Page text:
Asthma is often caused by allergens such as pollen, dust or animal hair. When an asthma sufferer is exposed to an allergen they are sensitive to, the early or “immediate” asthmatic response occurs. Approximately 3-8 hours after exposure to the allergen, a late phase response can occur, which can cause coughing and wheezing. It is during the late phase of asthma that eosinophils cause chronic inflammation of lung tissue.
During the late phase, eosinophils – a type of white blood cell – are recruited to the lungs by platelets. This occurs when a platelet receptor called P-selectin attaches to eosinophils in blood vessels surrounding the lungs, and activate α4β1 integrins on the eosinophil surface. This integrin activation allows the eosinophil to tightly adhere to the blood vessel wall, and transmigrate into the lung tissue (Johansson et al, 2012).
Once inside the lungs, the eosinophils release granules containing damaging chemicals such as major basic protein (MBP) and eosinophil cationic protein (ECP). These damage cells within the lung, causing long-lasting inflammation (Chihara et al, 1997). Part of the reason that the late phase response is long lasting is that platelets and eosinophils produce a chemokine called RANTES. This is a potent chemoattractant, and attracts more eosinophils to the lungs and induces them to degranulate once inside the lung (Filipovic and Cekic, 2001). This continues the cycle of cell damage and inflammation within the asthmatic lung.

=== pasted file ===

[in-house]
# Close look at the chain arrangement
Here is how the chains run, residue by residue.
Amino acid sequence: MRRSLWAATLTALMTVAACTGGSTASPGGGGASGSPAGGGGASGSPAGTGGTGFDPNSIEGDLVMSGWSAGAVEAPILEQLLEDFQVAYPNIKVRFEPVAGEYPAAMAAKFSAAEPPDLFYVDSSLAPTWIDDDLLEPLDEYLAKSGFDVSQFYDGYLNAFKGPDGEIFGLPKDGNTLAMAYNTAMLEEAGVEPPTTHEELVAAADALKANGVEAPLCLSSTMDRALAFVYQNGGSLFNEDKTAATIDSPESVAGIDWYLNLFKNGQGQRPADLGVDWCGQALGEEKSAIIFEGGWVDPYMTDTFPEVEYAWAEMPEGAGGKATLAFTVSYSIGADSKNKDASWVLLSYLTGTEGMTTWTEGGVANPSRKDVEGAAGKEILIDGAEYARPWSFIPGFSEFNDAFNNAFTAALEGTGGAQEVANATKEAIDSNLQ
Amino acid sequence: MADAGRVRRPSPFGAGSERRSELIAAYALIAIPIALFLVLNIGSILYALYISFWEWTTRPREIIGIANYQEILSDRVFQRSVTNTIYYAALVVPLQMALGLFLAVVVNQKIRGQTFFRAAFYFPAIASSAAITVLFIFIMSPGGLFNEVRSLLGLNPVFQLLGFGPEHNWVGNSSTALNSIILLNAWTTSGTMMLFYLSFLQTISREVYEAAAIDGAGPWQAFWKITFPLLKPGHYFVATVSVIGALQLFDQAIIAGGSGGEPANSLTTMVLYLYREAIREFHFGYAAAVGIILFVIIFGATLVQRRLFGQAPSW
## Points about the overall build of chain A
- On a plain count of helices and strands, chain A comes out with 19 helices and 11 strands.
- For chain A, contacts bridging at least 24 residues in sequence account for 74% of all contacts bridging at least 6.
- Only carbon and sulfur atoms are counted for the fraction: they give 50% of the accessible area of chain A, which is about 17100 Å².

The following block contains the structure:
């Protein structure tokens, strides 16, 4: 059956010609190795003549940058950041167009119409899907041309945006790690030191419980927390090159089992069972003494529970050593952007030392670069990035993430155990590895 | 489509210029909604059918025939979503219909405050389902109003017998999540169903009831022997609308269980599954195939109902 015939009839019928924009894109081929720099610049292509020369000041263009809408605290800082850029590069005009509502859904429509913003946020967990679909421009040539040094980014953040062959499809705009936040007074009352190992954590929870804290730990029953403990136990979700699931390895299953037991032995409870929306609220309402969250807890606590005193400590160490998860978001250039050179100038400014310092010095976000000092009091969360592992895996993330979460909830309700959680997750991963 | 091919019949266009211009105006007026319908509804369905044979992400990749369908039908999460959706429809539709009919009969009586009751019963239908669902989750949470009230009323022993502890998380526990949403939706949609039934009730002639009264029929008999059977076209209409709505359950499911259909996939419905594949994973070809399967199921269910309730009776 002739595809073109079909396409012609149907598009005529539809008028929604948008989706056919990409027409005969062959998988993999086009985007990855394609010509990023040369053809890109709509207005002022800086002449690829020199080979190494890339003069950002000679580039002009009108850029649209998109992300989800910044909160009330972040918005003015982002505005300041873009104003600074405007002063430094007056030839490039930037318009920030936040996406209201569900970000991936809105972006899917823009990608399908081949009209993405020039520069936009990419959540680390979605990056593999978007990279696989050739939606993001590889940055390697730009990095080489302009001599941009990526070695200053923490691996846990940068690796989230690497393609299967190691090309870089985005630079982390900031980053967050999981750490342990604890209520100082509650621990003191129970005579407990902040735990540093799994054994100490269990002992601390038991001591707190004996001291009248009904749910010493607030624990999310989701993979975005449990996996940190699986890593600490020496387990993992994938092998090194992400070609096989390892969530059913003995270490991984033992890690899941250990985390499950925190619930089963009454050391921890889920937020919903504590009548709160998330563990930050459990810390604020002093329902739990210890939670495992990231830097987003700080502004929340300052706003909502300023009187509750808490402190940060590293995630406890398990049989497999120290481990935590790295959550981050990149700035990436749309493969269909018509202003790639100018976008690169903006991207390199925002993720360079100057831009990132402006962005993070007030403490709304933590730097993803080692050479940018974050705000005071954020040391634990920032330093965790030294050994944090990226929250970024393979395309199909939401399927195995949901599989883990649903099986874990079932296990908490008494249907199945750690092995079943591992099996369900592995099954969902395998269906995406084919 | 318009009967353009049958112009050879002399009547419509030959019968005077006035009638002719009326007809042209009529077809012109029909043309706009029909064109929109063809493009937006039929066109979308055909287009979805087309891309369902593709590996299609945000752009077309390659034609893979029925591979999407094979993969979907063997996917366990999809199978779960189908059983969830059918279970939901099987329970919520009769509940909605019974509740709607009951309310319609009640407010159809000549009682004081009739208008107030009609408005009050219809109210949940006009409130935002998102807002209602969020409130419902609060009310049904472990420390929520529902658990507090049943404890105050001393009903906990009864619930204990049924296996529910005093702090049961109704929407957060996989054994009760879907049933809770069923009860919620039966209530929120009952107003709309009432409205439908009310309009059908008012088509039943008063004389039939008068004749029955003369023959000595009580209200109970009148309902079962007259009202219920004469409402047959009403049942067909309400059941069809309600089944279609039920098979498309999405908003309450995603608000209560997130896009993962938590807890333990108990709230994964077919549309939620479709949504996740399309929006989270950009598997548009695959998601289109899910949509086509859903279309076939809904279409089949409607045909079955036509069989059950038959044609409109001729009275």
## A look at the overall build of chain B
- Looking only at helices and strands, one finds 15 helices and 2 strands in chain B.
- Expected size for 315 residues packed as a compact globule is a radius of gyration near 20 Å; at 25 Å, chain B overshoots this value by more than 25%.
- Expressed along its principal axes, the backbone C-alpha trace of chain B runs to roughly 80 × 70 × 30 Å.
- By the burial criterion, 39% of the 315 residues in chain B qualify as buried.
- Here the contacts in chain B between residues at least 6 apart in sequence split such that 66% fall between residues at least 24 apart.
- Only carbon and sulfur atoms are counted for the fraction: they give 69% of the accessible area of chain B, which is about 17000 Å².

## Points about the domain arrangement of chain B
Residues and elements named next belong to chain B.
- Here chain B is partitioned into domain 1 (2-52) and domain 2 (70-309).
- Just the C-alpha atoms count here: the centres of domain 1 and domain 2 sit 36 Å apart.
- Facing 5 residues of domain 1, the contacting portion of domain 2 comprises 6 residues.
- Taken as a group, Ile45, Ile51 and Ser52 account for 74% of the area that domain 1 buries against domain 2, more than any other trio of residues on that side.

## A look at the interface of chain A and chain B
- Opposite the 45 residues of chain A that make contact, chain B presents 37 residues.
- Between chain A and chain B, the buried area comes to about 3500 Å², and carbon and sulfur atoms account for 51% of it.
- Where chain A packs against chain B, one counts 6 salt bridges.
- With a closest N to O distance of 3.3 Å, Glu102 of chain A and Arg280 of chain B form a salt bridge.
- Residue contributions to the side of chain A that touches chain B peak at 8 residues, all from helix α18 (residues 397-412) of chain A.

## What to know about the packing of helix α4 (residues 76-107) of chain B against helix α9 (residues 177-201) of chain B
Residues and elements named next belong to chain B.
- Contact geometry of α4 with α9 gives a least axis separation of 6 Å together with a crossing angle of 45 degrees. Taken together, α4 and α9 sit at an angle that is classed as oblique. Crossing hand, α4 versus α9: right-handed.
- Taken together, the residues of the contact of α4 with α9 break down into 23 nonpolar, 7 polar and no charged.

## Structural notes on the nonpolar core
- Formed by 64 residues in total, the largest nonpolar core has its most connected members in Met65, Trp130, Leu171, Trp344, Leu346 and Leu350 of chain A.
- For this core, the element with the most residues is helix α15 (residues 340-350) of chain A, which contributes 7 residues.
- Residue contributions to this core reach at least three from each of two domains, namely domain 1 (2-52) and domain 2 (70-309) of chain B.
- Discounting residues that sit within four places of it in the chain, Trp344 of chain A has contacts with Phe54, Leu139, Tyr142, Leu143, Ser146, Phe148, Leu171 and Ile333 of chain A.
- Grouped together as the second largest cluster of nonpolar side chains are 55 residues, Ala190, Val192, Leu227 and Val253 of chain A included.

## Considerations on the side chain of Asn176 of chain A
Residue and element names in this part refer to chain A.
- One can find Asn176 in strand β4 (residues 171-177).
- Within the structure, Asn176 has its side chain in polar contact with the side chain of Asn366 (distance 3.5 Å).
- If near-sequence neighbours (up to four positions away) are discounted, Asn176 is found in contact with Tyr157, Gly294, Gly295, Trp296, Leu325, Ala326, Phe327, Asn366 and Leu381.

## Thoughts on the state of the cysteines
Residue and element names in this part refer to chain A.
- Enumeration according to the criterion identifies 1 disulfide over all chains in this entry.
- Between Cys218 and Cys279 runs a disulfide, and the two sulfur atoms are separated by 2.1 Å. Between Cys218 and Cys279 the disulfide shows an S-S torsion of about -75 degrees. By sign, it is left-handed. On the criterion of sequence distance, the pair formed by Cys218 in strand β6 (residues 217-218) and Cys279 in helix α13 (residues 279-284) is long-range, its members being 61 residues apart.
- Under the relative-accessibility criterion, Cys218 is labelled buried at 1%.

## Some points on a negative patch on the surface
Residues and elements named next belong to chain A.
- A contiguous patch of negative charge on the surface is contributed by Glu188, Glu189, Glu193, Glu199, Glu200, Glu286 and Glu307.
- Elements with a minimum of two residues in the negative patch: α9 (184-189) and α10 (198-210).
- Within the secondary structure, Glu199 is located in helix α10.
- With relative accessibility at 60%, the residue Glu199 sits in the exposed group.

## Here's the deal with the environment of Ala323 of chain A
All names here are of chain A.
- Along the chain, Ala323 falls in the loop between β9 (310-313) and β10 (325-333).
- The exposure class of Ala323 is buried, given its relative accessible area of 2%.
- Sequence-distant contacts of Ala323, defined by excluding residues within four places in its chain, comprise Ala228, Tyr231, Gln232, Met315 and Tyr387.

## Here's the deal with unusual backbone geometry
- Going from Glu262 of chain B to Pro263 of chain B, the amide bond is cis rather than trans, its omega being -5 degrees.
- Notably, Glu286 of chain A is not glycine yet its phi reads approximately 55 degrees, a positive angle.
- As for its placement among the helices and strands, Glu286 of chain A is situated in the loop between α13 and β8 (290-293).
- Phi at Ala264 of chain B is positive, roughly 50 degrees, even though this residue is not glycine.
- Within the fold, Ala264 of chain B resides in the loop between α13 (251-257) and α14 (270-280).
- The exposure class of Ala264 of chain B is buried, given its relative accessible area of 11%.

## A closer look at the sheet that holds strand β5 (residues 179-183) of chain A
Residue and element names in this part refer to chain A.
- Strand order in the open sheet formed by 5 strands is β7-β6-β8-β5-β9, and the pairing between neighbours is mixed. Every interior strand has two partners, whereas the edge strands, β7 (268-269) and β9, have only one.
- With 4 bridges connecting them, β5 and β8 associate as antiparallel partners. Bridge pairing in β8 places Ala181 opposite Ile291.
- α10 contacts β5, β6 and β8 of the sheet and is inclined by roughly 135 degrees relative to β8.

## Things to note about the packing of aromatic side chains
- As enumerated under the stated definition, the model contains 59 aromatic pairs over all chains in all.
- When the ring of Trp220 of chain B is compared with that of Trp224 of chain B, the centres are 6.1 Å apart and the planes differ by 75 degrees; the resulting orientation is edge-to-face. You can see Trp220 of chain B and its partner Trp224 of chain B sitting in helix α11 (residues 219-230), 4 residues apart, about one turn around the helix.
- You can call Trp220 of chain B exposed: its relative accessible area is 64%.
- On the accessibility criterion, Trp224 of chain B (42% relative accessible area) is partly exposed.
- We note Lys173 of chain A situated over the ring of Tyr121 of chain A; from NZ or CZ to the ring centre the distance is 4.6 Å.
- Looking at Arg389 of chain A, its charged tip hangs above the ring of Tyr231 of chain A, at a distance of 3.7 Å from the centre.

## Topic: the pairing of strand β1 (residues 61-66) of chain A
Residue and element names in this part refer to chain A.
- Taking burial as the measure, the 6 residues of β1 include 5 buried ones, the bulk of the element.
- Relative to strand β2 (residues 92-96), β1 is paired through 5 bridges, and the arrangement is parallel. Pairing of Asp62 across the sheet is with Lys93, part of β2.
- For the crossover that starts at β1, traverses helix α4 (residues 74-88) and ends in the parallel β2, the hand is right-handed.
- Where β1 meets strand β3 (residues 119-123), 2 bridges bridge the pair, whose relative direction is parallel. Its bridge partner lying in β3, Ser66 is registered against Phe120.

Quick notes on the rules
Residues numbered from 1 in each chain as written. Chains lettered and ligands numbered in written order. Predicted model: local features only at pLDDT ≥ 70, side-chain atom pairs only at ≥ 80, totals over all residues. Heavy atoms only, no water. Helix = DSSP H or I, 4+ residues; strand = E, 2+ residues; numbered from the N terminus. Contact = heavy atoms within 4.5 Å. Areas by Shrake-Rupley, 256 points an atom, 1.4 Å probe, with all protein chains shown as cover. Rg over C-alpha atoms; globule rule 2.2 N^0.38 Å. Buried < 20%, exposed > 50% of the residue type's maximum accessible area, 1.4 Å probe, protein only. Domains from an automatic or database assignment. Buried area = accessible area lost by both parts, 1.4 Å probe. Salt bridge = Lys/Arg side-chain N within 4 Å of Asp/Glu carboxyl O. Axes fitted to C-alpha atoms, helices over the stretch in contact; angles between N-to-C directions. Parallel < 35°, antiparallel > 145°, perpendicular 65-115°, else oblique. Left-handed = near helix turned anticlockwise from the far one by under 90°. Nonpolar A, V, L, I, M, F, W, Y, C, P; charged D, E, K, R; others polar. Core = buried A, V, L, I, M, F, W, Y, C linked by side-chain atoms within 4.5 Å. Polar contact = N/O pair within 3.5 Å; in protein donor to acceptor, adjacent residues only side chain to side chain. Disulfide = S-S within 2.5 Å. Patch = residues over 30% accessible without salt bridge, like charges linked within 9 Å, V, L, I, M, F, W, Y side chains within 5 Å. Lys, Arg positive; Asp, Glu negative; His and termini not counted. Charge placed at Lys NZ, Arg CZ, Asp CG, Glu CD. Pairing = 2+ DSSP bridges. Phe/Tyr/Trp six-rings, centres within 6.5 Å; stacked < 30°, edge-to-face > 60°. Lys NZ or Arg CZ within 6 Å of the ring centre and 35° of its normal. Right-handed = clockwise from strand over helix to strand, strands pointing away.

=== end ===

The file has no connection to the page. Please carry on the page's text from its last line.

Chihara et al (1997) “Elevation of the plasma level of RANTES during asthma attacks” Journal of Allergy and Clinical Immunology. Volume 100 S52-55
Filipovic and Cekic (2001) “The Role of Eosinophils in Asthma” Medicine and Biology Volume 8, No. 1 p. 6 – 10
Johansson et al (2012) “Platelet activation, P-selectin and Eosinophil β1-integrin Activation in Asthma” American Journal of Respiratory Cell and Molecular Biology. Volume 185 No. 5 p. 498–507.